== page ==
Archive for the 'Special Needs' Category

Plan Your Estate to Benefit Your Loved Ones– Not the Taxman

August 3rd, 2013

[The following article is by guest blogger Julie Donald, a freelance writer with a strong background is finance.  Julie obviously knows her stuff and FriedmanLaw/ are proud to feature her work.] While we’ve come a long way since The Beatles sang about the 95% tax rate England then charged certain high earners, Estate tax planning still is an important part of financial planning. […]

Social Security Amends POMS Governing Special/Supplemental Needs Trust Expenditures

May 17th, 2013

People with serious disabilities often qualify for government benefits like Supplemental Security Income (SSI) and Medicaid that limit eligibility based on finances.  Thus personal injury recoveries attributable to a disabled person often are placed in trust to minimize benefit reduction.  However, federal and state law provide that trusts containing assets of the disabled beneficiary or […]

New Rules Condition Division of Developmental Disabilities Housing Aid on Qualifying for CCW Medicaid

February 22nd, 2013

 People with severe, chronic disabilities that are manifest by age 22 and substantially limit at least three kinds of major life activities are developmentally disabled and potentially eligible for services from the New Jersey Department of Human Services Division of Developmental Disabilities (“DDD”). For many families, the most important DDD benefit is residential housing aid […]

Lawrence A. Friedman’s Special Needs Article is Featured in Law School Textbook

February 14th, 2013

   “Special Needs Estate Planning” has been included in the new law school textbook Teaching Materials on Estate Planning by Gerry Beyer, Professor of Law at Texas Tech University School of Law. Originally written by attorney Lawrence A. Friedman for N.J. Lawyer magazine, the article explains how to plan your estate to protect your child or other loved one with disabilities. The article […]

How Old is Too Old to Drive?

October 2nd, 2012

Of course, it’s a “trick question.”  There is no bright age line between those who should and shouldn’t be driving.  As we all know, many factors beyond age influence whether an individual should drive.  As a car or other motor vehicle is a lethal weapon that can harm both the driver and others, nobody whether age 20 […]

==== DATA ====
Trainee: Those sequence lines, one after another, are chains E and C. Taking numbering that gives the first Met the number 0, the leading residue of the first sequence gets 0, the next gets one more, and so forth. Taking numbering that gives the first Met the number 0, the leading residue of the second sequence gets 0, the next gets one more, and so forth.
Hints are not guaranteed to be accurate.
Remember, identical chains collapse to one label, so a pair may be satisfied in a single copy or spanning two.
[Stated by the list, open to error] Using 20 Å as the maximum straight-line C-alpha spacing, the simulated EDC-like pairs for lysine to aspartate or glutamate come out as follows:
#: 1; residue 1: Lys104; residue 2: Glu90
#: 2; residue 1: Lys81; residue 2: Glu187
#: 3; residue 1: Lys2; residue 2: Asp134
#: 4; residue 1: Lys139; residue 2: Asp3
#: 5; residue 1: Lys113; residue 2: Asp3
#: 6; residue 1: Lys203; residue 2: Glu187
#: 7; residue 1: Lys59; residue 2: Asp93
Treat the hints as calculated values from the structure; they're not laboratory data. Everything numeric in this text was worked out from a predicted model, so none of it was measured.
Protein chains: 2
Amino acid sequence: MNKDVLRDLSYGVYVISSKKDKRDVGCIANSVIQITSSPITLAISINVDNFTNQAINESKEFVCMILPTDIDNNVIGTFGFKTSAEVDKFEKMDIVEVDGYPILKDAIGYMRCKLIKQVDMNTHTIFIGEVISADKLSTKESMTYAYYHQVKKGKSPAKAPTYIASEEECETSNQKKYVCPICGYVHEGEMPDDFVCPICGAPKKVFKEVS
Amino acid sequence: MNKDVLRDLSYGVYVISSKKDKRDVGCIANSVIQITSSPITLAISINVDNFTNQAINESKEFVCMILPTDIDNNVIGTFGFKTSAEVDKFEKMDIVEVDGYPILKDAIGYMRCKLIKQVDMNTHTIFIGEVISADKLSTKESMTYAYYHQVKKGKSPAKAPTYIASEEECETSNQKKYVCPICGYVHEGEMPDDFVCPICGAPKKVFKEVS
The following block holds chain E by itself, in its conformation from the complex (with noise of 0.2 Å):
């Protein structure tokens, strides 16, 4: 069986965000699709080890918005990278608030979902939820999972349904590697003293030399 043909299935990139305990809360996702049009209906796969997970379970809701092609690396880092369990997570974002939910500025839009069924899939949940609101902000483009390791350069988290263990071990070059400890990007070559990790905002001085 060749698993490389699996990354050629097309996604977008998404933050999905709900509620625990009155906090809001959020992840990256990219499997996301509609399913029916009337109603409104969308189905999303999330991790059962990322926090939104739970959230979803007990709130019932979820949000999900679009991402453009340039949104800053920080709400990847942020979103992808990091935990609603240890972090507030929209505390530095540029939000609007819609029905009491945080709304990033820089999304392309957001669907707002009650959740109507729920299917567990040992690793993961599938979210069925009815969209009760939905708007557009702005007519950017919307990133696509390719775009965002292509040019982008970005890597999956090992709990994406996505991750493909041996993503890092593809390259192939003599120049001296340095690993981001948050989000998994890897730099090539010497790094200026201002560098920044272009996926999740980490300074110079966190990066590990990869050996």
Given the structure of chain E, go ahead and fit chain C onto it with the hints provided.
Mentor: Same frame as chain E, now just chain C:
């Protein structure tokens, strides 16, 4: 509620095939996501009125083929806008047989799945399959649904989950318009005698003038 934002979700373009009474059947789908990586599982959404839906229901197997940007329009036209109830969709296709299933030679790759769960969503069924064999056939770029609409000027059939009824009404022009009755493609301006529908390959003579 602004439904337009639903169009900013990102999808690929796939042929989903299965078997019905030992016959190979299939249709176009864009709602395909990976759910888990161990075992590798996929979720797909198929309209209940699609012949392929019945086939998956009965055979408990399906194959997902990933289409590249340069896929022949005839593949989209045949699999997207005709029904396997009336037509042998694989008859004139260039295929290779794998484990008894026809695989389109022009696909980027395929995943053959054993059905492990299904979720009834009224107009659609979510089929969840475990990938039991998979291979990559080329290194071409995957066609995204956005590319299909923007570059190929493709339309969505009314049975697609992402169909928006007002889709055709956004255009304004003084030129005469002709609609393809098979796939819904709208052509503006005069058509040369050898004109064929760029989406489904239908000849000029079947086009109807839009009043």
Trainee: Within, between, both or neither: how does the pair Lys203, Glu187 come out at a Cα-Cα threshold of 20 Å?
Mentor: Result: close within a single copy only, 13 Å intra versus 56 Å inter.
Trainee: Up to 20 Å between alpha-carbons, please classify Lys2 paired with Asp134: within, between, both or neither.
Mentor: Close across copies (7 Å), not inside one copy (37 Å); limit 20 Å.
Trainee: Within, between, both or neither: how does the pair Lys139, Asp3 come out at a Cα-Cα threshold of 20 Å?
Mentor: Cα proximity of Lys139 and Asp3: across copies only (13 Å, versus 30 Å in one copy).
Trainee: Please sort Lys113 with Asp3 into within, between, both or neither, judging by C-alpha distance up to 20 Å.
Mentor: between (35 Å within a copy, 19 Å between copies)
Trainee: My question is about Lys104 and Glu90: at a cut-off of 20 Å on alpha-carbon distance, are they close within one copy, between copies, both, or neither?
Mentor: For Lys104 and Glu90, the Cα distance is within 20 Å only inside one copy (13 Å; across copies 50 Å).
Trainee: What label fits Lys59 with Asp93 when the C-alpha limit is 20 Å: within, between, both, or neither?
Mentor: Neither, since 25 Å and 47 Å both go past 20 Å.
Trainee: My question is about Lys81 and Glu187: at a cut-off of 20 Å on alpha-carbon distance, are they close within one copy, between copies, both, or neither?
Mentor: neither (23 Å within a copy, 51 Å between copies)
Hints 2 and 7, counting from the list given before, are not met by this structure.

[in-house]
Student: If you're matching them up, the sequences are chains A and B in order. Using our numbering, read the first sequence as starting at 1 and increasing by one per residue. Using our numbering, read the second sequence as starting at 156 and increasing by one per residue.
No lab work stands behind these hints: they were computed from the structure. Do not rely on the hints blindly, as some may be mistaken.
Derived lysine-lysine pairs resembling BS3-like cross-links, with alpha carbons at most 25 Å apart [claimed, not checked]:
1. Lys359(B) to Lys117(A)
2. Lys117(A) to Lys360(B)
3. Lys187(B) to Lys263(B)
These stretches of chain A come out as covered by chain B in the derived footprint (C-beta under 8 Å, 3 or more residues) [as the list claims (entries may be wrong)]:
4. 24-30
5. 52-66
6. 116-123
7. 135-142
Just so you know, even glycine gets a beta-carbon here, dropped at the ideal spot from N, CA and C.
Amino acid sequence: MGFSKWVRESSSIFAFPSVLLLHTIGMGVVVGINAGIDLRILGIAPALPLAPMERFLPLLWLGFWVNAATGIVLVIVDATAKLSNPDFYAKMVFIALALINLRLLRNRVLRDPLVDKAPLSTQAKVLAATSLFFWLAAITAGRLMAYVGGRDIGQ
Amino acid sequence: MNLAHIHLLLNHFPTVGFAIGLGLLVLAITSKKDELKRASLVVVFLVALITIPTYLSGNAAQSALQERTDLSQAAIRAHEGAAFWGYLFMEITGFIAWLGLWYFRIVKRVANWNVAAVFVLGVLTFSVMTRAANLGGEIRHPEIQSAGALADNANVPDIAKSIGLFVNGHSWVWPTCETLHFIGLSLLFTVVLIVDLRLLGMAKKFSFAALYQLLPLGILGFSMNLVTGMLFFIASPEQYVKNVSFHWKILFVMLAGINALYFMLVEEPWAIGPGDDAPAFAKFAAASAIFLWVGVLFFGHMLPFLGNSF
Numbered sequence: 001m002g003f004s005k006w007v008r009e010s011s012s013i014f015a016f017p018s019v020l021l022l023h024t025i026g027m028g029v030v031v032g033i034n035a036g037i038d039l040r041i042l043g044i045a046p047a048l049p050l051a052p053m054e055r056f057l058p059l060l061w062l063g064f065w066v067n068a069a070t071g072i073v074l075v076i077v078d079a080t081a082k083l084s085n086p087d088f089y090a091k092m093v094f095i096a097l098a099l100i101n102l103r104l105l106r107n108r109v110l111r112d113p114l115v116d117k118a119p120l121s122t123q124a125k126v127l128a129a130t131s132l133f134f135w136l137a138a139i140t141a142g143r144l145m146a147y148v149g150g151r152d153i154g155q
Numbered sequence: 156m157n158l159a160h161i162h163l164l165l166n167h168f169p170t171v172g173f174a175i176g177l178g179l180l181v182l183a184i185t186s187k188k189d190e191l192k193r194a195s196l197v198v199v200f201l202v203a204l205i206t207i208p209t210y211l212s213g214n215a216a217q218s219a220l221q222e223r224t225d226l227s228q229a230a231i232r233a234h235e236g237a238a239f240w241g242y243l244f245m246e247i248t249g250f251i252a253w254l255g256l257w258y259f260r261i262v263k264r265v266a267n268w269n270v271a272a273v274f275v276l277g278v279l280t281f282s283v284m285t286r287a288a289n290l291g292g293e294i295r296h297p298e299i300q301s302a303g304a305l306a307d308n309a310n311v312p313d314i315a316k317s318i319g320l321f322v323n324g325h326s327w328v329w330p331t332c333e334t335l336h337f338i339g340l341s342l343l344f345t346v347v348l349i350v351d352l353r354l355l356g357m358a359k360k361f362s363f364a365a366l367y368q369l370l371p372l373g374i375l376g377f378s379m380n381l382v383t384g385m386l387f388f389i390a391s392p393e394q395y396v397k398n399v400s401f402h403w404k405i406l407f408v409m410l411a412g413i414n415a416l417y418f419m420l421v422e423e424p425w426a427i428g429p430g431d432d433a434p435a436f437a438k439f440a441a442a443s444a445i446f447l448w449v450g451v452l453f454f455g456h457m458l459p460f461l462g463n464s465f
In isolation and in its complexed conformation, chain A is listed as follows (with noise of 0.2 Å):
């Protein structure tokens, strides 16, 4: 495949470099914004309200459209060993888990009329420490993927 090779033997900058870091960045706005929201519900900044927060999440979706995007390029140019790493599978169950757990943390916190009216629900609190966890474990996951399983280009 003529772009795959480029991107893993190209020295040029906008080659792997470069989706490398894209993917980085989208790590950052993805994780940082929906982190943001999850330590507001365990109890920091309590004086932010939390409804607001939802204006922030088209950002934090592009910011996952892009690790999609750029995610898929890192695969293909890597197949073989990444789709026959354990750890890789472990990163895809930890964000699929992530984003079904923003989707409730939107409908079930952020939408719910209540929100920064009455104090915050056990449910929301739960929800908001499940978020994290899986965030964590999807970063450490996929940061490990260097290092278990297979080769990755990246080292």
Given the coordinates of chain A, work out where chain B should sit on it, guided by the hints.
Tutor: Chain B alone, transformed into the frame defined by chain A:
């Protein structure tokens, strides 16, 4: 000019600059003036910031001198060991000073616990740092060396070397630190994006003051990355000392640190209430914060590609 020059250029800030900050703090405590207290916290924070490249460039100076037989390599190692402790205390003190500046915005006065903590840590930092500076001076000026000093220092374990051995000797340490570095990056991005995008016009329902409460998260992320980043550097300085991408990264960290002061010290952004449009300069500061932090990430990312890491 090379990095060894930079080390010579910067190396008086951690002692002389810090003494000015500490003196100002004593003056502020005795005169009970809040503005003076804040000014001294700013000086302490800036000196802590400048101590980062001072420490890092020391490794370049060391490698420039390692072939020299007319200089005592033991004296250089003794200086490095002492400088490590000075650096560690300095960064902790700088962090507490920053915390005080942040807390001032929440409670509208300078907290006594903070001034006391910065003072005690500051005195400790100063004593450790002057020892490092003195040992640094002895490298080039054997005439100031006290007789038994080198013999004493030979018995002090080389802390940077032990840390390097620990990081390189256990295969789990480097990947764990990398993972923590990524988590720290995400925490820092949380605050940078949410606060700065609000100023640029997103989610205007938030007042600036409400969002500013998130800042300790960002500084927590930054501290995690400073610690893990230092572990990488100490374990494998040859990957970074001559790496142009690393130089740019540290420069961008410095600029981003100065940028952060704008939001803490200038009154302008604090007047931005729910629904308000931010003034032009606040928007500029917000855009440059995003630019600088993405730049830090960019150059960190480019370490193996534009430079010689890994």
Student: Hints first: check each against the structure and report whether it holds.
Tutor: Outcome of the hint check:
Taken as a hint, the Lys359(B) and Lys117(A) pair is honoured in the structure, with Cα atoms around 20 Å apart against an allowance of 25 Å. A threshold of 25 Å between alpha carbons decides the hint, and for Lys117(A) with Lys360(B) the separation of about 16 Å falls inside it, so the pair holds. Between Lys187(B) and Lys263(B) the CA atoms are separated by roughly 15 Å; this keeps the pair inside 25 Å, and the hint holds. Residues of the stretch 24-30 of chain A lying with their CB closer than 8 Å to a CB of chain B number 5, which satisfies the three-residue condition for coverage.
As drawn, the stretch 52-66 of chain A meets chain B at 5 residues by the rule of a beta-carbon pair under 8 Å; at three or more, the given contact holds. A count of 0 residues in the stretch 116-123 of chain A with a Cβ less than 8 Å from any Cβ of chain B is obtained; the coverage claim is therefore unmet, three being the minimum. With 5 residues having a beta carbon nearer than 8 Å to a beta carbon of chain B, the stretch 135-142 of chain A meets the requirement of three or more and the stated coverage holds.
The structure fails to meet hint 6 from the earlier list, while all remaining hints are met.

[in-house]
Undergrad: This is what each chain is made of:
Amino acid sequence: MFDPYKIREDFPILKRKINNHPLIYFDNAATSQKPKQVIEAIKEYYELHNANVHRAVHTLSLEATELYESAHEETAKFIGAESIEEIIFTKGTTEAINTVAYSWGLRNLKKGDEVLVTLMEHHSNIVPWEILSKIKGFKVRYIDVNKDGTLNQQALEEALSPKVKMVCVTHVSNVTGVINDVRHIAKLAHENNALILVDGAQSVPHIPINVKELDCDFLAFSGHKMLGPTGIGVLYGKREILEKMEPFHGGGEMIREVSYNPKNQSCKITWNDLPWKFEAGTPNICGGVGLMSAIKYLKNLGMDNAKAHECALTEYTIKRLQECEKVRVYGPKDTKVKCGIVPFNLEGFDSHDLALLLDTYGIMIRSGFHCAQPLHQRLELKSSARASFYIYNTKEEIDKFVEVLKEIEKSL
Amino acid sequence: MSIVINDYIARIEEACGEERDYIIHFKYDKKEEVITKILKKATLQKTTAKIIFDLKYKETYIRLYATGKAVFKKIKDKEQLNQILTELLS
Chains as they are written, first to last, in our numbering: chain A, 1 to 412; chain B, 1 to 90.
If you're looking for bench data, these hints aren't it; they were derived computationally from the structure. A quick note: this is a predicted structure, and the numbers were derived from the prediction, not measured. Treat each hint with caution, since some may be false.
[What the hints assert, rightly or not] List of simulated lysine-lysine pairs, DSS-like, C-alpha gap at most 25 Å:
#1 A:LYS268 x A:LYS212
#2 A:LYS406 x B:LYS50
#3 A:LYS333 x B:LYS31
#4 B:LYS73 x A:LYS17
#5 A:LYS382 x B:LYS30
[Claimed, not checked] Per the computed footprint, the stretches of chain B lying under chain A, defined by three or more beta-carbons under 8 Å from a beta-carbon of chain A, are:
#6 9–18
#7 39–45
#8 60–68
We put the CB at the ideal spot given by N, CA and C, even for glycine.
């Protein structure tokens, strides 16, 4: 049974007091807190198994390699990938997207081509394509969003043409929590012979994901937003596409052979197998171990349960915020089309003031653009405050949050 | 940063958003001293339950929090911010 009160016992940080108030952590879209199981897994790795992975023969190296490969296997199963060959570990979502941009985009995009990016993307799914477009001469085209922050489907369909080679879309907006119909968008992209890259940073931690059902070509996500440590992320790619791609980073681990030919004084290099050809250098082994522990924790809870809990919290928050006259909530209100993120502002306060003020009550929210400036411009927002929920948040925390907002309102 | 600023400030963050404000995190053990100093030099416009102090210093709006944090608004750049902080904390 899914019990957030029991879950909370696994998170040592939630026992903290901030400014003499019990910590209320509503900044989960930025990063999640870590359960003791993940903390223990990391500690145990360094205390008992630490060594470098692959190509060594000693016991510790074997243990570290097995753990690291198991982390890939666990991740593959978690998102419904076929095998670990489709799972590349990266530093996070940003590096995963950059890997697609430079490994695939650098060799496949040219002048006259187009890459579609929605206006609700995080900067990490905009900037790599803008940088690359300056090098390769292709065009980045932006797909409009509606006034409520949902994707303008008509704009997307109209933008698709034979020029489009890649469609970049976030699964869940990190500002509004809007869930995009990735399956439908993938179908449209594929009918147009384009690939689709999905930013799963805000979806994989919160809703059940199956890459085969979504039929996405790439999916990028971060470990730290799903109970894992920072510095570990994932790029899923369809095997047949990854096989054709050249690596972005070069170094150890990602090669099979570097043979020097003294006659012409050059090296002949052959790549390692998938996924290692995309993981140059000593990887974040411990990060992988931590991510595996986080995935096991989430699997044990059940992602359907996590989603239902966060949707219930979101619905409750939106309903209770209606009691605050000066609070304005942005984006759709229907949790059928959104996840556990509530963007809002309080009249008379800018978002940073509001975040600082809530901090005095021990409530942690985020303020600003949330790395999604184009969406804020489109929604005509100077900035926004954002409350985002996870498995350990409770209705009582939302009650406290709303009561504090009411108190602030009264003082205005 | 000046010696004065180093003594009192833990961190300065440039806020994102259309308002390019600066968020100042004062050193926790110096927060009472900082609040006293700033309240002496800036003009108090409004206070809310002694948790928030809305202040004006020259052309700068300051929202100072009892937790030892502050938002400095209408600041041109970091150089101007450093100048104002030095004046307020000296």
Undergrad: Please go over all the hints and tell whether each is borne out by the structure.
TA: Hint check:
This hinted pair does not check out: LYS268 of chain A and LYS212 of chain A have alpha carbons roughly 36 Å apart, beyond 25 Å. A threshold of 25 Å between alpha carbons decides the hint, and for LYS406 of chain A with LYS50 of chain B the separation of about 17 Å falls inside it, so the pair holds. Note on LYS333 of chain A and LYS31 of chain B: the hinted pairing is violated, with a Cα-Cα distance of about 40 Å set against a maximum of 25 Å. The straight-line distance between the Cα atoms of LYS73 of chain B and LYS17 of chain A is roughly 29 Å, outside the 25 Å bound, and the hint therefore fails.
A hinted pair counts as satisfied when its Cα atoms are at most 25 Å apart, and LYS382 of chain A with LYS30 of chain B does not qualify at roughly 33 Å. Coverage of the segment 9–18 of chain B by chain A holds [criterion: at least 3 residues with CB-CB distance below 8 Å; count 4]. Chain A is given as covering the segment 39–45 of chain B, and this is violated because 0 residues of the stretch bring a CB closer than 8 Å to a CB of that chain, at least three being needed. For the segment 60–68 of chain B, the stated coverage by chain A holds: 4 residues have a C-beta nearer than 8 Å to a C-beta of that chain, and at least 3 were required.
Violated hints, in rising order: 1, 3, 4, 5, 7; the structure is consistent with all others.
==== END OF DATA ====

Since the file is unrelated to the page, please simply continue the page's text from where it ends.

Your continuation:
Poorly Designed Medicaid & Estate Plans Can Harm Divorced Children

May 29th, 2012

Recent New Jersey cases illustrate that poorly drawn Medicaid planning and estate planning gifts actuallly can harm divorced children at times.  In New Jersey, New York, and other states, spouses’ rights to receive or pay alimony and child support depend in part on relative income and assets.  Thus, the custodial parent’s child support might fall if his/her income […]

Should You Become Guardian for Your Special Needs Child?

April 27th, 2012

[While this article focuses on guardianship for special needs children, similar considerations arise when a spouse, parent, or other loved one's ability to make important decisions is impaired by dementia, traumatic brain injury, or other condition. We address such guardianships throughout, particularly in the elder law articles and practice area pages. We also plan […]

Lawrence Friedman to Moderate New Jersey State Bar Foundation’s Senior Citizens Law Day Conference

April 19th, 2012

For the sixteenth consecutive year, attorney Lawrence Friedman will moderate the New Jersey State Bar Foundation’s Senior Citizens Law Day conference. He also will speak on will, trust, and long term care planning. With nursing homes charging around $10,000 per month for a decidedly institutional setting, care may suffer and families face impoverishment unless they […]

Letter of Intent to Meet the Needs of Your Special Needs Child

March 8th, 2012

EDITOR’S NOTE- This article is by guest blogger Stephanie Lopez of, and FriedmanLaw thanks Stephanie for taking the time to address this important topic. If you have a special needs child, you should take the time to prepare a letter of intent for your child. This will help any caregivers your child may have […]

$aving Estate Tax Through Portability

February 17th, 2012

The Tax Relief, Unemployment Insurance Reauthorization, and Job Creation Act of 2010 exempts from federal estate tax the first $5 million of a decedent’s taxable estate. In 2012, inflation adjustments increased the exemption to $5,120,000. However, the exemption is scheduled to drop to $1 million after 2012 unless Congress intervenes. Because each decedent has his/her […]

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